IS-2516 Independent Contractor Status Determination (Policy)


Release Date: 11/09/00
Revision 1: 06/06/02
Revision 2: 05/09/06
Revision 3: 02/19/20


Administrative Directive


The independent contractor status determination is a process that ascertains whether services are being provided by an independent contractor or an employee.  The administrative directive contains information regarding types of services and employee status, the relationship between Central New Mexico Community College (CNM) and the potential independent contractor or employee, and the three categories the Internal Revenue Service now emphasizes when auditing independent contractor relationships.  The procedure document provides the steps necessary to complete and submit an Independent Contractor Determination form along with other considerations in determining a workers status.

CNM is mandated by the federal government, under the direction of the Internal Revenue Service, to determine if a worker providing services is an independent contractor or an employee for tax status purposes. Misclassification of individuals as independent contractors, which avoids withholding payroll taxes, is not in conformance with the Internal Revenue Code and may result in substantial tax liabilities, penalties and interest expenses.  The process for determining employee status relies on consideration of significant factors that require careful evaluation by those involved in the determination process.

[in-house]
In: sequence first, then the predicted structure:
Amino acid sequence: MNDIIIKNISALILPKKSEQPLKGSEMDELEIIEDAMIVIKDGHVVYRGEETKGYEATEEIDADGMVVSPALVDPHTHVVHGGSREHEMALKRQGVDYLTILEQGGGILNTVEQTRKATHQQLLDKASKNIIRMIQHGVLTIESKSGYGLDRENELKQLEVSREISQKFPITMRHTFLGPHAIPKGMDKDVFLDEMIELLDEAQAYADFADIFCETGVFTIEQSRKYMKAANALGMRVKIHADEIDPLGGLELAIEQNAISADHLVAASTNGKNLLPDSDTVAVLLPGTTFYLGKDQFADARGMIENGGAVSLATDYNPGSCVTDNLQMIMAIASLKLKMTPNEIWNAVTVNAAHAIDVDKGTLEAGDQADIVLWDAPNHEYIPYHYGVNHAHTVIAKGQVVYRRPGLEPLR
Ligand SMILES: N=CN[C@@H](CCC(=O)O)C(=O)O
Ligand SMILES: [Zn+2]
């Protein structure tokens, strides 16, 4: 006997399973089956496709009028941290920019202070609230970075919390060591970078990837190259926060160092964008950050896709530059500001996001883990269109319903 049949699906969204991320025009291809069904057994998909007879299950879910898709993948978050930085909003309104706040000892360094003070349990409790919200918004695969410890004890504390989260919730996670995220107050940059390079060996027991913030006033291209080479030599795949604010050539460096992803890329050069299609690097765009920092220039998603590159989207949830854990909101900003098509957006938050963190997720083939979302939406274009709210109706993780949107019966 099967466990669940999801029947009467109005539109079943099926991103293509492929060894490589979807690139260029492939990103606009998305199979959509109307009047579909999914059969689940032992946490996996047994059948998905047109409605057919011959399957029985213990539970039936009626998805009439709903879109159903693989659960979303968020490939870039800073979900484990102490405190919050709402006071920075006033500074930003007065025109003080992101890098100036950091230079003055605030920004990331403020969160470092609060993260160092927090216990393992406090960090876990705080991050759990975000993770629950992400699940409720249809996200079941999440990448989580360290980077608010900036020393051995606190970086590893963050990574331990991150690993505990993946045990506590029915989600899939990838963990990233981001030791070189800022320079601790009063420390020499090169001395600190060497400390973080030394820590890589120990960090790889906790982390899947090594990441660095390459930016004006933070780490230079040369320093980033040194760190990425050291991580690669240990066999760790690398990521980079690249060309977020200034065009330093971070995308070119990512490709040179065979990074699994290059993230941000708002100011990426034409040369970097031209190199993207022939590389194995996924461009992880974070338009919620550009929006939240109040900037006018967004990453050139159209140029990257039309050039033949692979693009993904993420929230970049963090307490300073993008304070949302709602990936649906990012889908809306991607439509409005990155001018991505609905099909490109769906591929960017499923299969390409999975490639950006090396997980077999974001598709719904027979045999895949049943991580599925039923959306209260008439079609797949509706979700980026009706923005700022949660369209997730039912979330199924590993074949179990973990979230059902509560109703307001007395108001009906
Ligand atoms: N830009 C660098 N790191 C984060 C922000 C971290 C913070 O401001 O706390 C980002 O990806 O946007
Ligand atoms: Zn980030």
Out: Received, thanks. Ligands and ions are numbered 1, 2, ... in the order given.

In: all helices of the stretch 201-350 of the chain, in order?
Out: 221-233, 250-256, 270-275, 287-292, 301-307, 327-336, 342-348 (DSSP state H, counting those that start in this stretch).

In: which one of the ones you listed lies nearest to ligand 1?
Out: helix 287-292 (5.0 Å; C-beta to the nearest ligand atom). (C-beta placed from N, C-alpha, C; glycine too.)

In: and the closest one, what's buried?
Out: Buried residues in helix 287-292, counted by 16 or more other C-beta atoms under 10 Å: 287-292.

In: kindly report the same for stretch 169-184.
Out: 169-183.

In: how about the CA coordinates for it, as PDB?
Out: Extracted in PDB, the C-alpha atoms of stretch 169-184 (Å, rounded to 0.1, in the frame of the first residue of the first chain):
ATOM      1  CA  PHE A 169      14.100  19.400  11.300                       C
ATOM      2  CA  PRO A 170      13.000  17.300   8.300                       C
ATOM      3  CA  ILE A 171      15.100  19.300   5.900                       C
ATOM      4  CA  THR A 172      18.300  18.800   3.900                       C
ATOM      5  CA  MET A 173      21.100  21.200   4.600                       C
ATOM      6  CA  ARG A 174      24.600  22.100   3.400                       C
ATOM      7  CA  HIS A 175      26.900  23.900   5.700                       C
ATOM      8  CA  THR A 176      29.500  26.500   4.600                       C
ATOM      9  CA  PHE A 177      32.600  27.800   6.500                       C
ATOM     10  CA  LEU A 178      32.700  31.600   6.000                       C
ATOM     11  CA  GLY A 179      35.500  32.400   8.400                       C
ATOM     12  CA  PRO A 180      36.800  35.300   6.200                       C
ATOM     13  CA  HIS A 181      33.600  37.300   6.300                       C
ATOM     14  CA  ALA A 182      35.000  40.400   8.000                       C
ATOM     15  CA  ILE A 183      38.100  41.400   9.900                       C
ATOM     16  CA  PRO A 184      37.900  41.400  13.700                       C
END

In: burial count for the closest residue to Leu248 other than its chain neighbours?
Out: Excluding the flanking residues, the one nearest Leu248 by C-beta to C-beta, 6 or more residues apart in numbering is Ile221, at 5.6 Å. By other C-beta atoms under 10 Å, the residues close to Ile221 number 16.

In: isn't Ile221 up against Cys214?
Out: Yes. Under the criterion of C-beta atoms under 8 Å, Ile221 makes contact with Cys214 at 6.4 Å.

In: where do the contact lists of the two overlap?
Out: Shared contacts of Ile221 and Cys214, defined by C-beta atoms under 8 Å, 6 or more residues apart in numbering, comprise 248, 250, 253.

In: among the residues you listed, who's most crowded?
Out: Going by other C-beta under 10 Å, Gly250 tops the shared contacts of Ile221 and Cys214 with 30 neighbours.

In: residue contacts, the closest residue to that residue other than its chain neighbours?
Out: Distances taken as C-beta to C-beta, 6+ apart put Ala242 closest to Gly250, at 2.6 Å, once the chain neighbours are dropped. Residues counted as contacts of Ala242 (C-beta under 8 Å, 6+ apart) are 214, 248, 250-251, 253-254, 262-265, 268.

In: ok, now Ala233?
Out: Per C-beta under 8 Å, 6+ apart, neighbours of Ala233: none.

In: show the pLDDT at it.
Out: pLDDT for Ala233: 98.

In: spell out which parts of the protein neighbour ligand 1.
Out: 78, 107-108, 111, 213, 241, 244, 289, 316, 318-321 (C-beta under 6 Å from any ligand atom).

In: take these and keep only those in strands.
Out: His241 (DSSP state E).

Three basic components need to be considered when determining whether a worker is an employee or an independent contractor: types of services, economic reality factors, and IRS criteria.

Types of Services

  • Ancillary
  • Professional
  • Personal
  • Contract Training/ Instructional Services

Economic Reality Factors

Basic common law factors that assist in distinguishing an independent contractor from an employee

IRS Criteria

Financial Control
Behavioral Control
Relationship of Parties

(Independent Contractor Determination Form)

1. General Information

1.1 Determination of employee status involves a complex determination process that may require consultation with the Purchasing or Human Resources Departments.

1.2 CNM employees retain their status of employee regardless of expanded duties such as working as instructors for the Workforce Training Center or the Emeritus Academy.

1.2.1 Expansion of duties for employee groups are subject to different policies depending on employee classifications:

Full-time staff:

Exempt - Expansion of duties allowed with supervisor approval

Non-Exempt - Expansion of duties allowed with supervisory approval and understanding of Fair Labor Standards Act (FLSAovertime considerations